One look at the office of the state women and child development department suggests clear that a government body, which should have the best interests of homeless, under privileged children at heart, isn’t, perhaps, best equipped for women and child care as it operates out of an old, dingy building, which earlier housed the sales tax department.
Just entering this office gives one an eerie feeling and even the employees of the department say that their office needs to be refurbished to ensure proper working conditions.
Located just close to the mini-secretariat, it takes quite an effort to reach this building as the approach road remains congested most of the time. Compounding matters further is the fact that campus on which this building stands is also used as a parking space by visitors to numerous government offices and the court complex nearby. There are no guards posted at the gates to check unauthorised parking on the compound.
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“We have repeatedly asked the administration to crack down on unauthorised parking on the approach road and inside the campus. But nothing has been done,” Shakuntala Dhull, chairperson of Child Welfare committee, said.
More unexpected scenes greet visitors to the complex as the glass windows in most of the offices are cracked or broken and spiders could be spotted dotting the walls and ceilings and casting their web. The staffers also claimed the lack of basic hygiene and said the walls and ceilings are dotted with spiders. They said the curtains are unwashed and even the floors are not swept clean.
“The entire building has just one toilet that is used by both men and women staffers. The water tank, at most times, run dry as the motor to pump water into it has been in a state of disrepair over the last eight months, ” Nisha Saini, legal and probation officer, district child protection unit(DCPU), said.
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While the lack of basic amenities sticks out like a sore thumb, inadequate number of workers, too, hampers services. There are not enough people to cater to the needs of the staff. “The biggest problem is the lack of a sweeper to clean the toilets and rooms. We don’t use the toilet here and if at all we have to use one, we go to neighbouring buildings or office premises or even a private hotel. How can one expect women to work here without the provision of a separate toilet for them?” Ritu Rani, district child protection officer, said.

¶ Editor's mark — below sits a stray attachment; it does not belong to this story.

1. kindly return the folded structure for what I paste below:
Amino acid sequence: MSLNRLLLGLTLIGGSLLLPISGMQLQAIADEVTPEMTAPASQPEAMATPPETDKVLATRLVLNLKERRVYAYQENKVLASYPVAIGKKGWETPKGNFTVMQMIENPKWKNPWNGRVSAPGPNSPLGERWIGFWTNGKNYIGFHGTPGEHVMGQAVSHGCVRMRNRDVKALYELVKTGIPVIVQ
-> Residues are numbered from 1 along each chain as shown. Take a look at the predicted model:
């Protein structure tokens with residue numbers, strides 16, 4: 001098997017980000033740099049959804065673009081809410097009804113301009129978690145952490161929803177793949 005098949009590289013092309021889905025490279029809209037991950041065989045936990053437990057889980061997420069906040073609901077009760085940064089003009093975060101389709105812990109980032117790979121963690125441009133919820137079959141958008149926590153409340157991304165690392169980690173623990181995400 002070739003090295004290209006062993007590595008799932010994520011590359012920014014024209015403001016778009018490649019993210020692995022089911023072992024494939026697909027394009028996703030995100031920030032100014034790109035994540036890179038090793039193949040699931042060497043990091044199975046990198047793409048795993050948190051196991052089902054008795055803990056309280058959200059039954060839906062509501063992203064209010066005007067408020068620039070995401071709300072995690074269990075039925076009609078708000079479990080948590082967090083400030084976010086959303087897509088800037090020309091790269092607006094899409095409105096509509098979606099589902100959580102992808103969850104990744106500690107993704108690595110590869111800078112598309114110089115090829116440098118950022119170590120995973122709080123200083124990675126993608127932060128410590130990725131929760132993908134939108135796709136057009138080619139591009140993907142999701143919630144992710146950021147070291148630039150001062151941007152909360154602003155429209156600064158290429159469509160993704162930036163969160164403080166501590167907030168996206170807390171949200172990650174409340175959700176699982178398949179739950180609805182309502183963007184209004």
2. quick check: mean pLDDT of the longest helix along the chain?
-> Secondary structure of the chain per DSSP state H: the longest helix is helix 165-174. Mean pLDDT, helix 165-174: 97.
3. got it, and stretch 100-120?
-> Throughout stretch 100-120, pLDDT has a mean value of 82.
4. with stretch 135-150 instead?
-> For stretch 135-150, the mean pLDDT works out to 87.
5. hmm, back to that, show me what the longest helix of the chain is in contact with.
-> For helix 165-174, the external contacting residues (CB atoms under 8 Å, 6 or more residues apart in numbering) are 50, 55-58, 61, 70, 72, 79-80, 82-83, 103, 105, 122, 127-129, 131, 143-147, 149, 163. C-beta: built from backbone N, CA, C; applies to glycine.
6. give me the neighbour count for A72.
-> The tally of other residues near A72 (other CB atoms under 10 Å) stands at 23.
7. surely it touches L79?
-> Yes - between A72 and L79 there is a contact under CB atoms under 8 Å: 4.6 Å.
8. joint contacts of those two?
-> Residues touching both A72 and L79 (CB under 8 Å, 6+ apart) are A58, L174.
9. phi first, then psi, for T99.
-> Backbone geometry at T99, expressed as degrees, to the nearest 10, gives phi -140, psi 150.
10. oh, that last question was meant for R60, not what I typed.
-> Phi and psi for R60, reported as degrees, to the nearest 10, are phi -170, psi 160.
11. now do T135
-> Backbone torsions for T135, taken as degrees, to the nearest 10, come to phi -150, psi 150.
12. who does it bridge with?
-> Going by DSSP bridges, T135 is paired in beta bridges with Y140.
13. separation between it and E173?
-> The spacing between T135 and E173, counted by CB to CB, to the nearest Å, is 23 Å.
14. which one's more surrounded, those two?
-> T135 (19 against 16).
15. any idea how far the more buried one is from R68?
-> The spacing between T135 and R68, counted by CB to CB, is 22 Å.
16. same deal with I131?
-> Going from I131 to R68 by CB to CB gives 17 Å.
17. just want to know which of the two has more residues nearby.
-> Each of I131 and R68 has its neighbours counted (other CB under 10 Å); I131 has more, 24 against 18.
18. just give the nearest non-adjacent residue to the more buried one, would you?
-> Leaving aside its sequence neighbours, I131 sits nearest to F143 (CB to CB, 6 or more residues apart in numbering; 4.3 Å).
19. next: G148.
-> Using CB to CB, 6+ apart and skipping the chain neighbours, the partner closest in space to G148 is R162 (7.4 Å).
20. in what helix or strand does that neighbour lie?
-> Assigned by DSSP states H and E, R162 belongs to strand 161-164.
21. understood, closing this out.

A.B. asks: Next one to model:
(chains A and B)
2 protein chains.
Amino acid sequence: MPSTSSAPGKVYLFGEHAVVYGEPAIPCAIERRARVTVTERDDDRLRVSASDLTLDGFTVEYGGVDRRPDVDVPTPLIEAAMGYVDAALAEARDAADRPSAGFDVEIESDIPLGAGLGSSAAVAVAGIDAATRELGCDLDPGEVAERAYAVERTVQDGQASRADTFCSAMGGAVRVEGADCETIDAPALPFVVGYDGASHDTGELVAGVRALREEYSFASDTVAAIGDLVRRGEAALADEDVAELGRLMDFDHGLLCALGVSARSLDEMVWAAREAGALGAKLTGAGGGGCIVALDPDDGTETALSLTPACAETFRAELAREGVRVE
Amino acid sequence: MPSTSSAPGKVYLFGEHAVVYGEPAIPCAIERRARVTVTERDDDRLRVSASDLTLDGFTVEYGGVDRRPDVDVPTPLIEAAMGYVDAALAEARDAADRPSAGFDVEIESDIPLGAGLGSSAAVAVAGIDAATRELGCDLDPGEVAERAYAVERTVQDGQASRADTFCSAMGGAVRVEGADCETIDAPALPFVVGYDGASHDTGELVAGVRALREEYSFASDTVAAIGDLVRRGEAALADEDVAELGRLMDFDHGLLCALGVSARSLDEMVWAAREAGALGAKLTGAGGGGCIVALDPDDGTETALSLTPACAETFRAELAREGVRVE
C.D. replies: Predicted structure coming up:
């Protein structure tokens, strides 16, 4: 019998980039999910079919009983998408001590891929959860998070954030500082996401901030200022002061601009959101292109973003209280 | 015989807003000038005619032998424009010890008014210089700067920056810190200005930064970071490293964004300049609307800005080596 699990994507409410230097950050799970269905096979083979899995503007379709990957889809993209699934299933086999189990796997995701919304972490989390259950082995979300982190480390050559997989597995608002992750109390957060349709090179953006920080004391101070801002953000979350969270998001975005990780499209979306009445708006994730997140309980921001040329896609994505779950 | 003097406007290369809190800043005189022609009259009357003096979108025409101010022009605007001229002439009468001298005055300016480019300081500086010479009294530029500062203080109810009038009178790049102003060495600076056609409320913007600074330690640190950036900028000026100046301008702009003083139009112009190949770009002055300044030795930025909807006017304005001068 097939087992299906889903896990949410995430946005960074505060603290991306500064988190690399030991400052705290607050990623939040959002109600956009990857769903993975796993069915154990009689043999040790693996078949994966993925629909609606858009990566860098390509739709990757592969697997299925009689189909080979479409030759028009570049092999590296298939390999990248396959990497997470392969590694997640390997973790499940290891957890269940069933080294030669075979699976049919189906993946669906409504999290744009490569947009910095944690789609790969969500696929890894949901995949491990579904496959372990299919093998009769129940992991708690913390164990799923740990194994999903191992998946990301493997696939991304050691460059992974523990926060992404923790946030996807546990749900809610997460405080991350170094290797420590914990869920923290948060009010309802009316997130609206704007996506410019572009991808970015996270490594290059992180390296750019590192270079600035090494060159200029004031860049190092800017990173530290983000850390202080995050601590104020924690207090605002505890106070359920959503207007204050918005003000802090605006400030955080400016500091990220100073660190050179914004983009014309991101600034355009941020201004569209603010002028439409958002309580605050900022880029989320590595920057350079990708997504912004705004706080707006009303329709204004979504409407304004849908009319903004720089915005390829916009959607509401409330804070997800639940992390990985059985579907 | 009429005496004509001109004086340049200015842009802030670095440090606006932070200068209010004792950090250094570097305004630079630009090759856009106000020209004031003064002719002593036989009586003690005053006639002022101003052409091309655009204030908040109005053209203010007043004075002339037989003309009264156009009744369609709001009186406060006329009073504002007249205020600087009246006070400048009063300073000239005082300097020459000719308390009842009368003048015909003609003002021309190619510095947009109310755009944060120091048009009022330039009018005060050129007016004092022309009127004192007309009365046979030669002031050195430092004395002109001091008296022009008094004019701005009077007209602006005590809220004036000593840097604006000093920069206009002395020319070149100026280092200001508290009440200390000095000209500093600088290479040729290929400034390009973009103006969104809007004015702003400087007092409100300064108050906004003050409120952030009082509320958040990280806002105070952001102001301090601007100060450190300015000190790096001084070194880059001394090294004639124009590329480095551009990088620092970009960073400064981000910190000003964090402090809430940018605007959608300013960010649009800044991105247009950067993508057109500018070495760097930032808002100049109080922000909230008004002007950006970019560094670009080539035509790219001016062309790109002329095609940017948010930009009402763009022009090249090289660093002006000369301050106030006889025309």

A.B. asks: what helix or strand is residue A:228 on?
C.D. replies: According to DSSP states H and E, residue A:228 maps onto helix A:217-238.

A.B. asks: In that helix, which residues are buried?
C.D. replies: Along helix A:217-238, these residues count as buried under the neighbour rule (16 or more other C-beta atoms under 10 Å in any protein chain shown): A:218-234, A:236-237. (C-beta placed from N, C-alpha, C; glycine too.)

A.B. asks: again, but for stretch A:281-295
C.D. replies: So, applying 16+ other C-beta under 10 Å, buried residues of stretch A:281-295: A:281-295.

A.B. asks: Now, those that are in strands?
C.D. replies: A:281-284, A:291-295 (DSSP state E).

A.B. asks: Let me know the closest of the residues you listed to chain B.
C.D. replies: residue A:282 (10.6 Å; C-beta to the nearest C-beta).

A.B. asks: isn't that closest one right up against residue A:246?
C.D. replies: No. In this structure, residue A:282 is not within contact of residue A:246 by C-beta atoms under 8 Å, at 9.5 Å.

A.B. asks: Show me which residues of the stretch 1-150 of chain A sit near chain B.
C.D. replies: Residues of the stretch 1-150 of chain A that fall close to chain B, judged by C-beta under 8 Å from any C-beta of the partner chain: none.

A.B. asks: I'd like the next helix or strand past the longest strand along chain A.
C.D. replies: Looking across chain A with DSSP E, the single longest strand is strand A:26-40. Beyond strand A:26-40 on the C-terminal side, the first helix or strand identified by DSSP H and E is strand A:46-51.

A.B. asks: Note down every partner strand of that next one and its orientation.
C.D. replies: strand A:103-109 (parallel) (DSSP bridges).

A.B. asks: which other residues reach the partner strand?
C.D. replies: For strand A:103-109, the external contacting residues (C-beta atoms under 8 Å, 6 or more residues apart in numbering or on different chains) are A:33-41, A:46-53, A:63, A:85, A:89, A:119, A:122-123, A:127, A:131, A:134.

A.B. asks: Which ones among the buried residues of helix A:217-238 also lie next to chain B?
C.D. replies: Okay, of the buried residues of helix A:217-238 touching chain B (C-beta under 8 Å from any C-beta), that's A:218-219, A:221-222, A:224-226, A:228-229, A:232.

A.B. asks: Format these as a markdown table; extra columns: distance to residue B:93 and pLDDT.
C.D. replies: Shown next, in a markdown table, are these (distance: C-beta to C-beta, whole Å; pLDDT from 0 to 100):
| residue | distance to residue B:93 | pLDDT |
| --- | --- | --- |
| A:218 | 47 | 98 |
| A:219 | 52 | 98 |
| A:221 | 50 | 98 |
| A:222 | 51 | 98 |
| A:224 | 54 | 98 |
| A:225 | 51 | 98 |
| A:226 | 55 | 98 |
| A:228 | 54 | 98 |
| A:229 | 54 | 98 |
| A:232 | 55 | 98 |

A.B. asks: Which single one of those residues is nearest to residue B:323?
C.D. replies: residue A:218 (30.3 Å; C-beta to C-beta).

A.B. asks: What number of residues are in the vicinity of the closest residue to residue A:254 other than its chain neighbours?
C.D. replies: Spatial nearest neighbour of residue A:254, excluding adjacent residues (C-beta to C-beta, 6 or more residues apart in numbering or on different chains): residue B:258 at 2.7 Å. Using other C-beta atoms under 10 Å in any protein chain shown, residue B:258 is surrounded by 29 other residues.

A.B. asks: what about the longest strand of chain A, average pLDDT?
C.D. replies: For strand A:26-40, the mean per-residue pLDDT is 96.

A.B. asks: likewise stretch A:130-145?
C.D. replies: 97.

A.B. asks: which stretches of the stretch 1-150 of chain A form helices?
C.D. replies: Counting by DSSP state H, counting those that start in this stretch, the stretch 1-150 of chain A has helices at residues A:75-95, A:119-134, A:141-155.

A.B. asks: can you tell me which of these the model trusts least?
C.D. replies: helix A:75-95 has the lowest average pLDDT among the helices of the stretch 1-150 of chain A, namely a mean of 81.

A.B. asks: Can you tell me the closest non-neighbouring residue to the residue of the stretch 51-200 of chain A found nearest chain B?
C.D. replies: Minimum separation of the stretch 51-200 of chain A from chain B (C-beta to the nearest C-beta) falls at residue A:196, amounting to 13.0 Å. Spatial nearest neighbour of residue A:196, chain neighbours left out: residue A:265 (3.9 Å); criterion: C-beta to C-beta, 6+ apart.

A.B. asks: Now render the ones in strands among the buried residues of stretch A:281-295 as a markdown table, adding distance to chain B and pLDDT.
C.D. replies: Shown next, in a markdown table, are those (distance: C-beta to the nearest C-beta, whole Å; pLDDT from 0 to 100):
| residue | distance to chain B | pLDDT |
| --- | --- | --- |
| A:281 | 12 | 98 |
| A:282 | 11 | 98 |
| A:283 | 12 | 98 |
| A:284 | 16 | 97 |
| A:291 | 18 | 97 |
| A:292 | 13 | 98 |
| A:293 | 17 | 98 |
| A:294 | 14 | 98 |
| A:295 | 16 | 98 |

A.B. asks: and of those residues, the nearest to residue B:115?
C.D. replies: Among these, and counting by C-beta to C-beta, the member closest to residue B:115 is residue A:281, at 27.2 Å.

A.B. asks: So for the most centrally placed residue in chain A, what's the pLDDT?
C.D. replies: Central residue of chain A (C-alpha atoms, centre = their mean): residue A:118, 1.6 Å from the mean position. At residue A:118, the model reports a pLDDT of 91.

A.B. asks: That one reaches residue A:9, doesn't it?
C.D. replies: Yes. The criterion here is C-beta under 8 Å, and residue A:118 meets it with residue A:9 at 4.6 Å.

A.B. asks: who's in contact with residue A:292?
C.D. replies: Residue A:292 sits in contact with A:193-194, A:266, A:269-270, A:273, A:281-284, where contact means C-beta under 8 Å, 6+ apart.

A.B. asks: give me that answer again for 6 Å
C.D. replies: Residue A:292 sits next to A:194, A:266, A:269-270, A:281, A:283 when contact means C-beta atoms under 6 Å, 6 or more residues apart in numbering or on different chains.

The women and child development department operates out of just four rooms, with the counselling room, DCPU room, CWC’s chairman’s room, staff room and accountant’s room cramped into one. While the CWC officials have asked for a minimum of eight rooms to function as a proper unit, the state government has been dragging its foot and has shown no inclination to pay heed to their demand.
The CWC, on an average, handles cases of 30-40 children every month and 10-15 of them are under the Protection of Children from Sexual Offences Act (Pocso Act). Due to the lack of infrastructure and support staff, work at the department is often badly hit. Recently, the district administration made some extra provisions to enable the department to handle the workload. However, given the rising number of cases, a lot more needs to be done to ensure effective delivery of services.
“It often gets difficult to accommodate all the staff in just two rooms. The rise in the number of cases under Pocso Act cases has got us new staffers to deal with them, But the lack of enough rooms, toilets, and even water continues to hamper our services,” Dhull said.
To add to their woes, the staffers haven’t been getting their salaries on time and this has affected their morale and has led to a sense of disaffection among them.
“I haven’t received my salary for the last eight months and it is difficult to get by. Even the data operator and peon have not received their salaries for three months,” Dhull said.
The department also doesn’t have a vehicle of its own and the officials have make official visits in their own cars.
“The government must take urgent measures to resolve the problems being faced by the department and the staffers. The number of cases related to women and children is on the rise. There is a need to augment the infrastructure and boost staff strength. We have been getting some support from the state government, but more needs to be done,” Dhull said.
The CWC is responsible for catering to children’s homes are government-funded institutions that provide temporary shelter, food, and clothing to children in need of care and protection. The CWC also has the power to hold people accountable for such offences as child labour. Those employing children are fined or made to compensate them by cash.